Barbara Eberlein.

Barbara Eberlein’s zeal for history, architecture, and the arts is boundless. After graduating from the University of Chicago with a degree in Ancient History and Religion, Eberlein went on to study architecture and decorative arts at an array of distinguished institutions, including the Harvard University Graduate School of Design, Winterthur Museum, The Philadelphia Museum of Art, The National Gallery, The Metropolitan Museum of Art, and the Institute of Classical Architecture & Art (to name a few). This unquenchable thirst for knowledge coupled with an inherent elegance has helped establish Eberlein, who founded her firm in Philadelphia in 1984, as one of the foremost figures working in interior design today.  

Well-known for her expertise in the restoration of significant historic structures, Eberlein moves nimbly between styles and is quick to profess her love for contemporary projects. Whether she’s working on a Gilded Age estate or a deliciously modern beach house, Eberlein excels at creating exquisitely curated and supremely livable interiors.

We caught up with Eberlein to discuss the importance of drawing, the great lady decorators of the early-twentieth century, and much more.

InCollect: Your academic and professional training is incredibly comprehensive and very much rooted in tradition. What sparked your interest in the classics?

Barbara Eberlein: I have a very unusual background for a designer. If I looked at my resume, I probably wouldn’t hire me! I trained in ancient history, the classics, and archaeology and decided that I wanted to create buildings that had the same kind of magic, elegance, and proportions. So I went back to school and started all over again. Archaeology is an incredible field that requires unbelievable patience and I think that my experience has served as an important source of distinction in the way that I think and the way that the firm approaches projects. We do lots of research—it’s about learning to not necessarily go with the first solution that strikes, but to keep digging deeper and deeper.

An interior by Eberlein Design Consultants.

InCollect: Your firm specializes in the restoration of historic residences and landmarks. Can you talk about why this is important to you? Are there restorations that you have worked on that are particularly personal or inspirational?

BE: We’re known for restorations of historic properties, but I must say that I love doing contemporary projects as well. One thing that is important to me for all projects is ensuring that buildings have long lives. If you’re creating a building with inherent integrity, those are the houses that survive for generations—they can morph, evolve, and respond to the people who live in them. One element that I love about restoration is that you get to translate all of this richness, expressionism, and architectural language into something that is new and fresh and resonates today—it’s living history. Part of what is thrilling for us as designers, is the ability to be interactive and to look at the world around us and orchestrate all of the beautiful elements to create something unique. One one my favorite restorations was a home designed by Horace Trumbauer (pictured above) that has always been lived in by the same family. My client was the grandson of the original owner and instead of wanting everything to be new and shiny, which would require tearing out the elements that made the home special, he said something to me that I’ve never forgotten, and it’s really the goal of restoration in my mind. He said, ‘Make her the beautiful old lady that she is.’ It’s all about that gentle approach where you’re keeping your eyes open so that the home is responsive and relevant.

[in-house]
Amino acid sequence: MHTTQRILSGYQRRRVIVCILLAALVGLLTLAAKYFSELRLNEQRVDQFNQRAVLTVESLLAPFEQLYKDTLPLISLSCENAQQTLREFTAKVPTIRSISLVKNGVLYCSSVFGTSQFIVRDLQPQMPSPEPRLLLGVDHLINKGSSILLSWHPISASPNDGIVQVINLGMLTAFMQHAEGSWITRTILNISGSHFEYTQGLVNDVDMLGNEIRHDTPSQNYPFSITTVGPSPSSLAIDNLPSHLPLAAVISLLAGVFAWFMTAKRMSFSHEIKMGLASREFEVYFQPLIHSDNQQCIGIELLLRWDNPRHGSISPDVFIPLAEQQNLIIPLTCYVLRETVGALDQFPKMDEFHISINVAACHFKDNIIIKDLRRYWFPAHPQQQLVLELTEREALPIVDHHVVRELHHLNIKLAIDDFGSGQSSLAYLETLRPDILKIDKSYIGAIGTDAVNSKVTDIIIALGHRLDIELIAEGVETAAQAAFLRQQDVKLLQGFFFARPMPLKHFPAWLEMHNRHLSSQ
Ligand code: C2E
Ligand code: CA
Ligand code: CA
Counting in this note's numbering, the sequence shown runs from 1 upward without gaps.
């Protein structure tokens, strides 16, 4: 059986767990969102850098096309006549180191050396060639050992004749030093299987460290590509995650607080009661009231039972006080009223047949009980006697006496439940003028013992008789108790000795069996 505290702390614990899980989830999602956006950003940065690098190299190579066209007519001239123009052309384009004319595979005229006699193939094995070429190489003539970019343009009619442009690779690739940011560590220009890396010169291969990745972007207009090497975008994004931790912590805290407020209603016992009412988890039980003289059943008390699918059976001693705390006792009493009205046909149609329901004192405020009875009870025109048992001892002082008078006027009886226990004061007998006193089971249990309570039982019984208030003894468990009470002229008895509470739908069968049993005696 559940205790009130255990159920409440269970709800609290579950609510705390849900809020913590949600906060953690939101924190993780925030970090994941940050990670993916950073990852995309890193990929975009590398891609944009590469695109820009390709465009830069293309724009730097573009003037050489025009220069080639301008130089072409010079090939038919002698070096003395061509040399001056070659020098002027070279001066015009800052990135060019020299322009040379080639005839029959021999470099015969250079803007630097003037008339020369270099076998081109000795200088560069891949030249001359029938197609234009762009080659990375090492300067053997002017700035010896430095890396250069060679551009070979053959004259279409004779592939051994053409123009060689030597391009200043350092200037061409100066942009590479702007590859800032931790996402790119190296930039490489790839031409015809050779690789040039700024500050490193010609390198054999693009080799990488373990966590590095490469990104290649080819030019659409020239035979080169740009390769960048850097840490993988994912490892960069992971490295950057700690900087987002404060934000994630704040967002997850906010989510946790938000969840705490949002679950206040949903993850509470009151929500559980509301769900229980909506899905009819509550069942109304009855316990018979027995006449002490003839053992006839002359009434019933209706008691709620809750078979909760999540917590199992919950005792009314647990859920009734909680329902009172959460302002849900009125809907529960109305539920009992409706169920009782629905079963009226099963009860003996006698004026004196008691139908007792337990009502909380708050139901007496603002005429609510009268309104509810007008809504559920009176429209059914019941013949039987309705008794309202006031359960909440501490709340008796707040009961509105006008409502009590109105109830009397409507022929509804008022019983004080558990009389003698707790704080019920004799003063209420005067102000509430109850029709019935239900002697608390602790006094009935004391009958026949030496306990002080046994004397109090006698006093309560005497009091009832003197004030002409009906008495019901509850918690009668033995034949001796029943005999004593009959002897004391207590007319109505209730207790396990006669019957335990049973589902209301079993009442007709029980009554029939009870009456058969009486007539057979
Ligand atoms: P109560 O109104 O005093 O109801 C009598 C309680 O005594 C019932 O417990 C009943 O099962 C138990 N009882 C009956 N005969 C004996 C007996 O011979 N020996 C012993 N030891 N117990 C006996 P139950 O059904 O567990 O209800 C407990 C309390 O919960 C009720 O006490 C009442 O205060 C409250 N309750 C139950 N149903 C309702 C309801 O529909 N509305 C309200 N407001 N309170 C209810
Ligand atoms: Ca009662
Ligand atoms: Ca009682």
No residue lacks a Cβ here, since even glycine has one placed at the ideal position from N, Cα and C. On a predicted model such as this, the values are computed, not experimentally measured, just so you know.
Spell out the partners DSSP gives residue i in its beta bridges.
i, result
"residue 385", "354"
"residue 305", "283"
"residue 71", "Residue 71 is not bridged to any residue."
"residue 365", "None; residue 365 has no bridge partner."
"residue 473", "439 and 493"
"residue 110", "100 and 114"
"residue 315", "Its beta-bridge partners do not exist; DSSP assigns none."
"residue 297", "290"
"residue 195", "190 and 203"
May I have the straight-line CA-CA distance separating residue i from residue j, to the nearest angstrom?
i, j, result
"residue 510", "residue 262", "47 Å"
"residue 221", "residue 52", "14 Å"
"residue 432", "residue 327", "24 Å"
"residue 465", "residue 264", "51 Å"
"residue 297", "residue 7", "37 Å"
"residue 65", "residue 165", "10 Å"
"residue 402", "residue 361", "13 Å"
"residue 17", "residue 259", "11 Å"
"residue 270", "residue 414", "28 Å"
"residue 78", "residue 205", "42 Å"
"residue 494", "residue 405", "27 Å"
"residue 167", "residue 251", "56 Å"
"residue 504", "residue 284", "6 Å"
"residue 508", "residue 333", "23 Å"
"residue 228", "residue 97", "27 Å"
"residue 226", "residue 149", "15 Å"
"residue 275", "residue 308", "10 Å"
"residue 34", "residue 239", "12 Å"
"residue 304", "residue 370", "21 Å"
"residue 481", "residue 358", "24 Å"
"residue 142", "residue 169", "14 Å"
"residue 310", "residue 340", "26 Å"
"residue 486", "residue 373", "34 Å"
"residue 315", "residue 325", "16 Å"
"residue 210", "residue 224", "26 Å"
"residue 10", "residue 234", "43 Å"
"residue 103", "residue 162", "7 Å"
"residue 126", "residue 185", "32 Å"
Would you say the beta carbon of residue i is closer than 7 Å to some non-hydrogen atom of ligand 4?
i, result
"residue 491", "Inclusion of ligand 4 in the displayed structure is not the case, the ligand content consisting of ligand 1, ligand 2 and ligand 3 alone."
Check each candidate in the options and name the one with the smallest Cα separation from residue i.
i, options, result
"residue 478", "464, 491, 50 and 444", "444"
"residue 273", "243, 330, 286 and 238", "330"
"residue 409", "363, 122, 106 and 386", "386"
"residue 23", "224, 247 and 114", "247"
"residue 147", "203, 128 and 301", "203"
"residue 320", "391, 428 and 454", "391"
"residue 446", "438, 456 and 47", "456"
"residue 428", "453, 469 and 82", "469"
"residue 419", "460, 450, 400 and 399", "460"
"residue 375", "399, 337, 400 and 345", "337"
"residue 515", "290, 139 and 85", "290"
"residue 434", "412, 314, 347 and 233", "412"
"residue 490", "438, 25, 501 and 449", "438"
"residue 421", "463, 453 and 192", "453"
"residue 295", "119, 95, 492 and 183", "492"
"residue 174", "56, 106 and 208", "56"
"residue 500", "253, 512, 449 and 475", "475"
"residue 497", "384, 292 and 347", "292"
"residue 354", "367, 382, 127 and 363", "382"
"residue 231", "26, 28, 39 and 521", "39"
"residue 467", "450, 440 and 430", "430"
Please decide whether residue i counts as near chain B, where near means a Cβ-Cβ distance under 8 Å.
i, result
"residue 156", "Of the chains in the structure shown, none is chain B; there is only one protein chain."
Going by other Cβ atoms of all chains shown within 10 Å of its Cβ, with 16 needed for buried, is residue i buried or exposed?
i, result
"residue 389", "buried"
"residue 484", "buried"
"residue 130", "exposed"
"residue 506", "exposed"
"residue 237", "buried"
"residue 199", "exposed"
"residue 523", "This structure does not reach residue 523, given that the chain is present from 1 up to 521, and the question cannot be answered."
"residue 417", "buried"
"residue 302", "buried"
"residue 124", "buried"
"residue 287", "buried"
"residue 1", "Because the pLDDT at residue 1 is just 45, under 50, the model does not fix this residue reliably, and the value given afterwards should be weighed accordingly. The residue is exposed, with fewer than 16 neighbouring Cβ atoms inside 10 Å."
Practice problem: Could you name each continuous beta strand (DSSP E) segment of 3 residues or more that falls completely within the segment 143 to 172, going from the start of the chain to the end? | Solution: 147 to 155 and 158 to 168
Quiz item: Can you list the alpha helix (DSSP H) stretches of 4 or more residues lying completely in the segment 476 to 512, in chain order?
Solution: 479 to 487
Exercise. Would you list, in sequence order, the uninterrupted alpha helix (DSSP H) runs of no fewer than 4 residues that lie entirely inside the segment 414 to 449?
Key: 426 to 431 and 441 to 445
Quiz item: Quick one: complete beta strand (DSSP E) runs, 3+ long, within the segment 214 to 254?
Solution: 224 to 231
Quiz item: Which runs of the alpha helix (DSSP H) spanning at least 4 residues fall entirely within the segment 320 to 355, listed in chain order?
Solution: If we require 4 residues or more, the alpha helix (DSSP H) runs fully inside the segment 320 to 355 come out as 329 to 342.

InCollect: Are there any design movements, periods, etc. that you are particularly fond of or find yourself returning to again and again?

BE: My real goal in life is to be a time traveler—I want all of it! But more than a particular movement, I imagine living in different centuries and countries. I love those periods in history where there was huge intellectual transfer of richness of material culture. Seventeenth-century Italy, eighteenth-century France, nineteenth-century England, twentieth-century America—during all of those eras they were focused on the importance of the discovery and expression of art and the importance of having patrons that supported art, architecture, design, and decorative arts at a very high level. They also looked to other cultures and really created a synthesis of aesthetics.

An interior by Eberlein Design Consultants.

InCollect: You are an avid traveler. What are some of your favorite places and what do you love about them?

BE: If I had to pick a few, I would choose the places that have had a profound impact on how I think about beauty and culture. In India, I have never seen so many people fully embrace color, exuberance, and ornament. At times it seems overwhelming—it’s almost relentless—but that visual richness is what makes it so spectacular. The other side of that coin would be Japan. The details, aesthetic, and refinement—it’s all there, but it’s such a different expression. There is a harmony that’s so valued and the thoughtfulness and mindfulness is what makes the aesthetic of that culture so unique. Every detail is carefully thought through. It transcends luxury—it really effects everything they do. Everything is rooted in the question, is this beautiful? Italy is another big one. I don’t think any of us could live without Italy and its zest for life. Talk about people who know what’s to life and the senses! Some of the most interesting travel and design experiences have happened on trips that I would have least expected. Like Iceland—it is so profoundly beautiful and sort of elemental. I was captivated by the people and culture and their way of expressing beauty. Another surprise was Myanmar. To see literally thousands of Buddhist temples in one small town made me think differently about how people express what’s important to them.